Supreme Court Refuses to Hear Case Challenging NSA Mass Surveillance Scheme
The Wikimedia Foundations, which hosts Wikipedia, teamed up with the ACLU and the Knight Institute to try to get the United States Supreme Court to compel Congress to limit the NSA’s internet surveillance powers.
According to Didi Rankovic of Reclaim the Net, the Supreme Court’s move left the US Court of Appeals for the Fourth Circuit with a divided opinion, thereby rendering Wikimedia’s challenge accepting the government’s “state secrets privilege” argument null.
The legal grounds the NSA used for such surveillance are based on FISA (Foreign Surveillance Act) a law that Rankovic observed has grown “into quite a “monster” since it was first passed in 1978, and in particular after 9/11 – and, specifically with Section 702, introduced in 2008.”
Section 702 is set to renew later in 2023, and the petition to the Supreme Court aimed to prevent this. It’s often forgotten that Section 702 was what whistleblower Edward Snowden focused on in his NSA leaks in 2013.
Wikimedia and the other interested parties tried to guarantee that the NSA “upstream” surveillance program would be “reviewed” as opposed to being renewed this time around. The surveillance program grants the NSA the power to search internet traffic to and from the US, which consists of emails, messages, and other correspondence belonging to Americans.
In other words, individuals on US soil and abroad could be spied on.
Wikimedia’s Legal Director James Buatti criticized the court decision on the grounds that it damages individual rights to privacy and free speech. He argued that these principles are the foundations of Wikimedia and a free, democratic society.
The foundation also promised to continue pressuring Congress to not reauthorize Section 702 later in 2023.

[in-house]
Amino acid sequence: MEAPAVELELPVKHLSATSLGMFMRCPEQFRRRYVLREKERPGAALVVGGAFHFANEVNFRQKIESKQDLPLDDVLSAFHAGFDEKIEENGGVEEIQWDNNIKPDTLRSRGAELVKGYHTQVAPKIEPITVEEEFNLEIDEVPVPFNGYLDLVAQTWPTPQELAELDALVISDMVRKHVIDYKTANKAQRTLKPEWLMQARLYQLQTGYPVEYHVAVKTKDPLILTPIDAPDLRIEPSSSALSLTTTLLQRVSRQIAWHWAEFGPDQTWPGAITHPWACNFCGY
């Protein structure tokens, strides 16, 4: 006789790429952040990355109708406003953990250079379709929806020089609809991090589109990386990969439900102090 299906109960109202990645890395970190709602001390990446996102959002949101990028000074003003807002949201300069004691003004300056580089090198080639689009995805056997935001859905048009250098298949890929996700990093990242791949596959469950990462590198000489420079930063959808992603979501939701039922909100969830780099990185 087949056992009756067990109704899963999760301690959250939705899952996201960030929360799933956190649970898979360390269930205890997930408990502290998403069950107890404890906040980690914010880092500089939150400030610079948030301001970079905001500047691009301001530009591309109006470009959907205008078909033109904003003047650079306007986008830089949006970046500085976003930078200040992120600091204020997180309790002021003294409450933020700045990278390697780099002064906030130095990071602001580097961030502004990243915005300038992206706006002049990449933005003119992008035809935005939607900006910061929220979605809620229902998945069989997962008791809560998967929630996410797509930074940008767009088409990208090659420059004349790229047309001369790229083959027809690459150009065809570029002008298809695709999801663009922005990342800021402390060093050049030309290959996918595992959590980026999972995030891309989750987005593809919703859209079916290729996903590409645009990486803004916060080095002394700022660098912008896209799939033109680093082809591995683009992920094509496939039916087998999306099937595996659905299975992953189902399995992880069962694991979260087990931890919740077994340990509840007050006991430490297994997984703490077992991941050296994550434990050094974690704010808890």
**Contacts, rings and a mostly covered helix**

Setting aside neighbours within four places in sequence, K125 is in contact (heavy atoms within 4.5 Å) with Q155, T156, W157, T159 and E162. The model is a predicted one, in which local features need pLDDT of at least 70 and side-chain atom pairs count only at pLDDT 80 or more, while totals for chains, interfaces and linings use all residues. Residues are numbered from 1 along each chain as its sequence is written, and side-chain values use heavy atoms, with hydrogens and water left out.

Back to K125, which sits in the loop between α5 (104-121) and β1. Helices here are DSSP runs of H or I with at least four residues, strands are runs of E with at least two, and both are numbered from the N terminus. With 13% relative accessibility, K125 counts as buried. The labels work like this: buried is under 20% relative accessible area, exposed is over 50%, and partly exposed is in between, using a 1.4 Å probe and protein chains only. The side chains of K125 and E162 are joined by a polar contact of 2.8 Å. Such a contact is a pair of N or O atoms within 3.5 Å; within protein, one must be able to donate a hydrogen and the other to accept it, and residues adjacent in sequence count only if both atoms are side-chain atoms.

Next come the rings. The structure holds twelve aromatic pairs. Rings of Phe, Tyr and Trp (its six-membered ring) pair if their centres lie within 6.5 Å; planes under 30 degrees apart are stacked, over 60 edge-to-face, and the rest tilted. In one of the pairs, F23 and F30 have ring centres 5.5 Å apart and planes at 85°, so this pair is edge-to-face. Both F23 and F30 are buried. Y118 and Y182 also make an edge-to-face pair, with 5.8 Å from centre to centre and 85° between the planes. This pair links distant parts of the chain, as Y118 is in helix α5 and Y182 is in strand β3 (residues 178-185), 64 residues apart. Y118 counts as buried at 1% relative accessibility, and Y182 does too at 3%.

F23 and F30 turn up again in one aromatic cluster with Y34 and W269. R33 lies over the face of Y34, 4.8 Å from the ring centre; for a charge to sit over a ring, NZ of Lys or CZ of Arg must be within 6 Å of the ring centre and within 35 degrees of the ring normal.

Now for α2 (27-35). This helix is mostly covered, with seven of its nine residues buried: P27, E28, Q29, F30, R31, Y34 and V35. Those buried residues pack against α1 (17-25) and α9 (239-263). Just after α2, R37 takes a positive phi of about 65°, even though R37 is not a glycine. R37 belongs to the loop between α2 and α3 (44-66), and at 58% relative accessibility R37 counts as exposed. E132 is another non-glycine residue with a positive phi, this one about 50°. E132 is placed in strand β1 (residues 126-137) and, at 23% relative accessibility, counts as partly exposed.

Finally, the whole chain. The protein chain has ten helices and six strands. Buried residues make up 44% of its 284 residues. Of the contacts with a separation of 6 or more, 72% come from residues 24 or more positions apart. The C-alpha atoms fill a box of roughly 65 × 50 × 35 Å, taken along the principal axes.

The ACLU also took exception to the Supreme Court’s move. It believed that the Supreme Court took the side of “secrecy,” at the expense of Americans’ privacy.
“We depend on the courts to hold the government to account, especially when it wields powerful new technologies to peer into our lives like never before,” stated ACLU Deputy Director of National Security Project Patrick Toomey.
Toomey also argued that the government is not doing a good job in holding intelligence agencies’ accountable when they use powerful technologies to carry out mass surveillance operations.
Toomey also blamed the Supreme Court for letting the executive branch “hide abuses behind unjustifiable claims of secrecy.”
“It is now up to Congress to insist on landmark reforms that will safeguard Americans in the face of the NSA’s mass spying programs,” Tommey proclaimed.
The Supreme Court can’t always be relied on to uphold traditional American freedoms. Due to its elitist nature, there are limits to how far it will go in reversing government overreach. It’s ultimately up to elected officials who uphold pro-freedom principles to roll back state encroachment. If they can’t do it, it’s going to take state-level nullification to preserve whatever freedoms we have.